Personality tests are administered to millions of people every year for purposes ranging from career counseling and educational guidance to determining parental fitness in custody battles. But Paul, a former senior editor at Psychology Today,
contends that the accuracy of these tests and their diagnostic value have never been convincingly demonstrated; their results are, she says, "often invalid, unreliable, and unfair." This study entertainingly chronicles the often surprising stories behind the creation and promotion of the most popular tests. The Thematic Apperception Test, for example, was developed by the freethinking Harvard psychologist Henry Murray in collaboration with his longtime mistress; its original purpose was to facilitate "deep dives" into the unconscious in search of self-actualization, but today it is used more often by corporations seeking to evaluate job applicants and manipulate consumers. Paul's book is not a closely reasoned assault on the theoretical underpinnings of personality testing (like the critique of IQ testing in books like Stephen Jay Gould's The Mismeasure of Man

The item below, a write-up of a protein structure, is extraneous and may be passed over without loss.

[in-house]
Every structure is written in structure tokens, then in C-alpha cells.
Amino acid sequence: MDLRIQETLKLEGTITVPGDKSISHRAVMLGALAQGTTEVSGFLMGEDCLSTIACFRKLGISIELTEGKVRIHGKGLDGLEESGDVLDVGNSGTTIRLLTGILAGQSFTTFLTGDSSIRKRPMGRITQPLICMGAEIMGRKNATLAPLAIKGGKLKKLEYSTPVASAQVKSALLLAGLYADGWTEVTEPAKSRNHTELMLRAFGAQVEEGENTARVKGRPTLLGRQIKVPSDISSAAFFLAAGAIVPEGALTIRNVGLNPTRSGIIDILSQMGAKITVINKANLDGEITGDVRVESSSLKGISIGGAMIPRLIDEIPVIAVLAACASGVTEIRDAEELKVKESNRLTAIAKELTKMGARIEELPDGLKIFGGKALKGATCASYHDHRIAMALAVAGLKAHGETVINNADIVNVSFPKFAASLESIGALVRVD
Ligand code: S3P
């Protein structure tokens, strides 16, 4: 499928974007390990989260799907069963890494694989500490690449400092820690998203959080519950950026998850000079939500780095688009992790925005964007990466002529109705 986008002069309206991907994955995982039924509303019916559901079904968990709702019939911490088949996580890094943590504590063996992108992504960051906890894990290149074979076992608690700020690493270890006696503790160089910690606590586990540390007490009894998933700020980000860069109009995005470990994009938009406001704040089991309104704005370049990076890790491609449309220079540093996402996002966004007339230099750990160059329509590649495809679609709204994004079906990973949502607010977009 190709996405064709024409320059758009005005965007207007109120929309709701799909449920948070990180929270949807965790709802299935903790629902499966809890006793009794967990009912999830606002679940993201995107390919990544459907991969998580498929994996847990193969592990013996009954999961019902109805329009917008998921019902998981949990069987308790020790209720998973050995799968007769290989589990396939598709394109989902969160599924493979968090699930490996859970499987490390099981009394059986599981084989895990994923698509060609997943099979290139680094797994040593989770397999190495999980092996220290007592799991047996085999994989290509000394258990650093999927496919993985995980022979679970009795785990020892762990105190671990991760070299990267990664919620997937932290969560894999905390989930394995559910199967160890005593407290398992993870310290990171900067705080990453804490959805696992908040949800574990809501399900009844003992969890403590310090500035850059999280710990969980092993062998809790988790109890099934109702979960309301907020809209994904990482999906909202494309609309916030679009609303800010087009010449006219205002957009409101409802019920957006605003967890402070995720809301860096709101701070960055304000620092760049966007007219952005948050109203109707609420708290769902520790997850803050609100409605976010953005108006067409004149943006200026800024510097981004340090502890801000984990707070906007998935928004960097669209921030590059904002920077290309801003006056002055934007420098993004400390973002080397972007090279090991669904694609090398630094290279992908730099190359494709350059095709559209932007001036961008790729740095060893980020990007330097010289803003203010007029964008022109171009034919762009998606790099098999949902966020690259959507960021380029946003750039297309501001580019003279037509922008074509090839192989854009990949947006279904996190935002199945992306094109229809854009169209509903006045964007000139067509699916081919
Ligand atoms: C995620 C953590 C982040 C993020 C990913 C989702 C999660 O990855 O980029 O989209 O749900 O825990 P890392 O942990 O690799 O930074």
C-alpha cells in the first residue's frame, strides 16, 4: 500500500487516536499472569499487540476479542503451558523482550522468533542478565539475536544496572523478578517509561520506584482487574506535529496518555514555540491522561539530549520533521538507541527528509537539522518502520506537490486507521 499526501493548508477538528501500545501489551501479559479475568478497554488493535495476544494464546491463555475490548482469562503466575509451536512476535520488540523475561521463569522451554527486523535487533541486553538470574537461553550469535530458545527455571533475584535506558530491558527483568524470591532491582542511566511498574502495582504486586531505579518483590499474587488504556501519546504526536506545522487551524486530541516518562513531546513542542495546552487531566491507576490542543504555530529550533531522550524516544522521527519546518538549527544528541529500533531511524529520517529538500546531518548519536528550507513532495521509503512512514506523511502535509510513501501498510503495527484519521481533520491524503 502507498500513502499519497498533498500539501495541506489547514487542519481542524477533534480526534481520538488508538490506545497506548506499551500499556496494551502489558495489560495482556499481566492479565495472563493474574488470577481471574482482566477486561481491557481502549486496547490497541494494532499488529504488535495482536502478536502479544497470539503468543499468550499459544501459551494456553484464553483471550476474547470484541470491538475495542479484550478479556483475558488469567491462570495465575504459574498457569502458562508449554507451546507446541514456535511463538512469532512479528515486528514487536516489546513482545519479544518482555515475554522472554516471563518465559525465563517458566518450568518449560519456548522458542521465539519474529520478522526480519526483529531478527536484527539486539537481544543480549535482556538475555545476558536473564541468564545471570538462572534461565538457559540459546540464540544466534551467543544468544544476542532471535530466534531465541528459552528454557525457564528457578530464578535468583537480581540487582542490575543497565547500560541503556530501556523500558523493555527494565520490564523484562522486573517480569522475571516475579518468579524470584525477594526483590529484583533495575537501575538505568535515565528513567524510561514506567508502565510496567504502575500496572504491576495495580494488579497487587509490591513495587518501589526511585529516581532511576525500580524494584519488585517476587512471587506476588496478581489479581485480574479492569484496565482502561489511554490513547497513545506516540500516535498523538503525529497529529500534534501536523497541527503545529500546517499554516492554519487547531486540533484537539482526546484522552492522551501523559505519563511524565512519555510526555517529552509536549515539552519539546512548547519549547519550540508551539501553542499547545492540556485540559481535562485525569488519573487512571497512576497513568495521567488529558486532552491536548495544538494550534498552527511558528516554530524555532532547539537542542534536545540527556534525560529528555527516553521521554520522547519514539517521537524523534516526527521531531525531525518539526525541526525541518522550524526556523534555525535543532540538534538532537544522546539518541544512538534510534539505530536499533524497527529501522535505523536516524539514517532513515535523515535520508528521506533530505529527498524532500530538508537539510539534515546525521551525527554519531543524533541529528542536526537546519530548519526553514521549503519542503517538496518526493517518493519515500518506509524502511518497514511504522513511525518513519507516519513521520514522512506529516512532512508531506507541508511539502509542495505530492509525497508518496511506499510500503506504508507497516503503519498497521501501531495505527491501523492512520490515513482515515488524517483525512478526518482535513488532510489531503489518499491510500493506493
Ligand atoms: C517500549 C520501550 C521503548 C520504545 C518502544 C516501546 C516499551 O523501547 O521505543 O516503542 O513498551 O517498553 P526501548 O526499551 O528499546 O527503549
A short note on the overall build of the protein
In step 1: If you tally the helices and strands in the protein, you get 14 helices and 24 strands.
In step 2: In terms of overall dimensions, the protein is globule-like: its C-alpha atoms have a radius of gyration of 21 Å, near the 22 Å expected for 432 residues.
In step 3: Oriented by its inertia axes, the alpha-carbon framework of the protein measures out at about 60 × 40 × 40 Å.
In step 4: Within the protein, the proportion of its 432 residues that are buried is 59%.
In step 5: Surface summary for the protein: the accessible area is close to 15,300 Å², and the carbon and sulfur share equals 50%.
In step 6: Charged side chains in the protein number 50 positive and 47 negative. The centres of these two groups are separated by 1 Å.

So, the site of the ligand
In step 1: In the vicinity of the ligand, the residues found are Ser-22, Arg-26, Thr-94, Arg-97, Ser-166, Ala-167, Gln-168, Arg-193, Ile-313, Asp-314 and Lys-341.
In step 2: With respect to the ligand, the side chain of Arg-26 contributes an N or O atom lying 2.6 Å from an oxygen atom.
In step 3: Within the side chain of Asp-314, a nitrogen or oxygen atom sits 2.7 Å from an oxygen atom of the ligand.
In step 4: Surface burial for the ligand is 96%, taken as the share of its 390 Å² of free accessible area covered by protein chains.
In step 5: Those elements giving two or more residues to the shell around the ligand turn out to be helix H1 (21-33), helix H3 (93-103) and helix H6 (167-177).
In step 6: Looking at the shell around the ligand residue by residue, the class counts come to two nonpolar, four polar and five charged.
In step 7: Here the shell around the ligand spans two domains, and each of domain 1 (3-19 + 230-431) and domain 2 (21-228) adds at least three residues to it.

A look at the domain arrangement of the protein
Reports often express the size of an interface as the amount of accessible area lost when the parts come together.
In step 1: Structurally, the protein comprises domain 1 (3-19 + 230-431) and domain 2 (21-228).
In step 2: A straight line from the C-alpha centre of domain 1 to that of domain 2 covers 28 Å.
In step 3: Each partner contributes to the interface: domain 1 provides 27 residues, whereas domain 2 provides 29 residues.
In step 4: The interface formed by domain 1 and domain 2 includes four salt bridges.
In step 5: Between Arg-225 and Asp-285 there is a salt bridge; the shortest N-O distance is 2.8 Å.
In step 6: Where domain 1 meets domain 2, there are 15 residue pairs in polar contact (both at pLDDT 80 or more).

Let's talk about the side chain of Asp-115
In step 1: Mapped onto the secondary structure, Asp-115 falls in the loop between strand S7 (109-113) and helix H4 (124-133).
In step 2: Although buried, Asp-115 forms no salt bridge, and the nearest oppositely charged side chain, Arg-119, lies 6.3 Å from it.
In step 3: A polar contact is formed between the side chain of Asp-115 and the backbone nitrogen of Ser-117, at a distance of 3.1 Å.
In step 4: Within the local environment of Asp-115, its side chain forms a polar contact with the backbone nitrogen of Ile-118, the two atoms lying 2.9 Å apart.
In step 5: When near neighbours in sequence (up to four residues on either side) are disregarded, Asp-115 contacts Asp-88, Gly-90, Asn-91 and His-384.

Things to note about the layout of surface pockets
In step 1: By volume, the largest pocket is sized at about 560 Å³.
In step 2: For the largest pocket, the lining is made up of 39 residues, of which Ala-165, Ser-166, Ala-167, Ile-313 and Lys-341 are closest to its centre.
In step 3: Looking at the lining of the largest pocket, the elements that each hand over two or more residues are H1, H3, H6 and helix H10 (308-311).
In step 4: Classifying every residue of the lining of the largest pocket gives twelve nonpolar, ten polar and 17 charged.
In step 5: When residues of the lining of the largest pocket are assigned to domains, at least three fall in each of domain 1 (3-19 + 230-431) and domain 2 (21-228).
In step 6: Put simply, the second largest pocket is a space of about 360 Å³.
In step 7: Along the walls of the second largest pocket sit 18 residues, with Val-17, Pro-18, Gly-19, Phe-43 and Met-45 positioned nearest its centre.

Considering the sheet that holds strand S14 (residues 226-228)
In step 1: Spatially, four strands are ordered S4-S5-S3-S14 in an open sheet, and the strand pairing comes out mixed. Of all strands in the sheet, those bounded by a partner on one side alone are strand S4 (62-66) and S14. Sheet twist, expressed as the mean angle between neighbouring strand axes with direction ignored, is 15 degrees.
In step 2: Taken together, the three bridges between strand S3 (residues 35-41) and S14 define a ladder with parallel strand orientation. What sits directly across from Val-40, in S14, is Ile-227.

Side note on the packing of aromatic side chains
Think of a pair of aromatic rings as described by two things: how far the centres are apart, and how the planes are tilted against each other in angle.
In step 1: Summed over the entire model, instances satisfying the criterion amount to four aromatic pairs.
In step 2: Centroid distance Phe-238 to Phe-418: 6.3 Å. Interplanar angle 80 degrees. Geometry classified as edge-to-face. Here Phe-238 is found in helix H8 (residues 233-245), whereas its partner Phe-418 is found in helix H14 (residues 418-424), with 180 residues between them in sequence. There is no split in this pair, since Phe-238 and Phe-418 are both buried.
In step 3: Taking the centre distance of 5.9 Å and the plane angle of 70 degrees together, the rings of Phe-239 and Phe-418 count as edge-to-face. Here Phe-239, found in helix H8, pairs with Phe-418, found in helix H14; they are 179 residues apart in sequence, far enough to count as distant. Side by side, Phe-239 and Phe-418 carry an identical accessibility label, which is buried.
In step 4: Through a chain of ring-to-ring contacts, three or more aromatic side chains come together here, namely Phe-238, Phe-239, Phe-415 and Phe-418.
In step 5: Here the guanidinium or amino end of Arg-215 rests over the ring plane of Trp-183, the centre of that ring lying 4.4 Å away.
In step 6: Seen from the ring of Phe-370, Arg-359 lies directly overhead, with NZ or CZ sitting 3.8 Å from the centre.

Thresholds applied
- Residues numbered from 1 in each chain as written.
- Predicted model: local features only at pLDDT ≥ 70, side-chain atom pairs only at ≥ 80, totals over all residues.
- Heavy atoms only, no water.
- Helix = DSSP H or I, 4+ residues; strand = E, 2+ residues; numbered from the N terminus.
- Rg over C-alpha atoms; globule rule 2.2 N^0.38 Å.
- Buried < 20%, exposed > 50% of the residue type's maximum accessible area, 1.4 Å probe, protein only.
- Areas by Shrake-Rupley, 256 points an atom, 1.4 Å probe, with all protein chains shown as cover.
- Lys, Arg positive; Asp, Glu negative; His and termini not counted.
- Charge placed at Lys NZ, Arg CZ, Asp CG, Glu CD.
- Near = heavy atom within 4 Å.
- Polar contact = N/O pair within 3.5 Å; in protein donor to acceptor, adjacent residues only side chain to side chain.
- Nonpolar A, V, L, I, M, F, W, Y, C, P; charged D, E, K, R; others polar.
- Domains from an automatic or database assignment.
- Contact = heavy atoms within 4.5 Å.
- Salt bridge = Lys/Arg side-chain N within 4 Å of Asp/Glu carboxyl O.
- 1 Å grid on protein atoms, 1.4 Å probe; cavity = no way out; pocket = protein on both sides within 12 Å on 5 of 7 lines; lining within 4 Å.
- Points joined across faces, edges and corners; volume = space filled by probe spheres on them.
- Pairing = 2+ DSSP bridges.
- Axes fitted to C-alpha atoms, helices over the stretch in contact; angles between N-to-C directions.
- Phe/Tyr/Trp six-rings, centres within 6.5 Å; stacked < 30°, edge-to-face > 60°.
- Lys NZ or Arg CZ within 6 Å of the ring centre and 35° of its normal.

), but its anecdotal account of how personal quirks, intellectual hubris and institutional biases have shaped the use and misuse of personality tests should lead lay readers to ask hard questions the next time they are invited—or required—to submit to such testing. Agent, Andrew Blauner.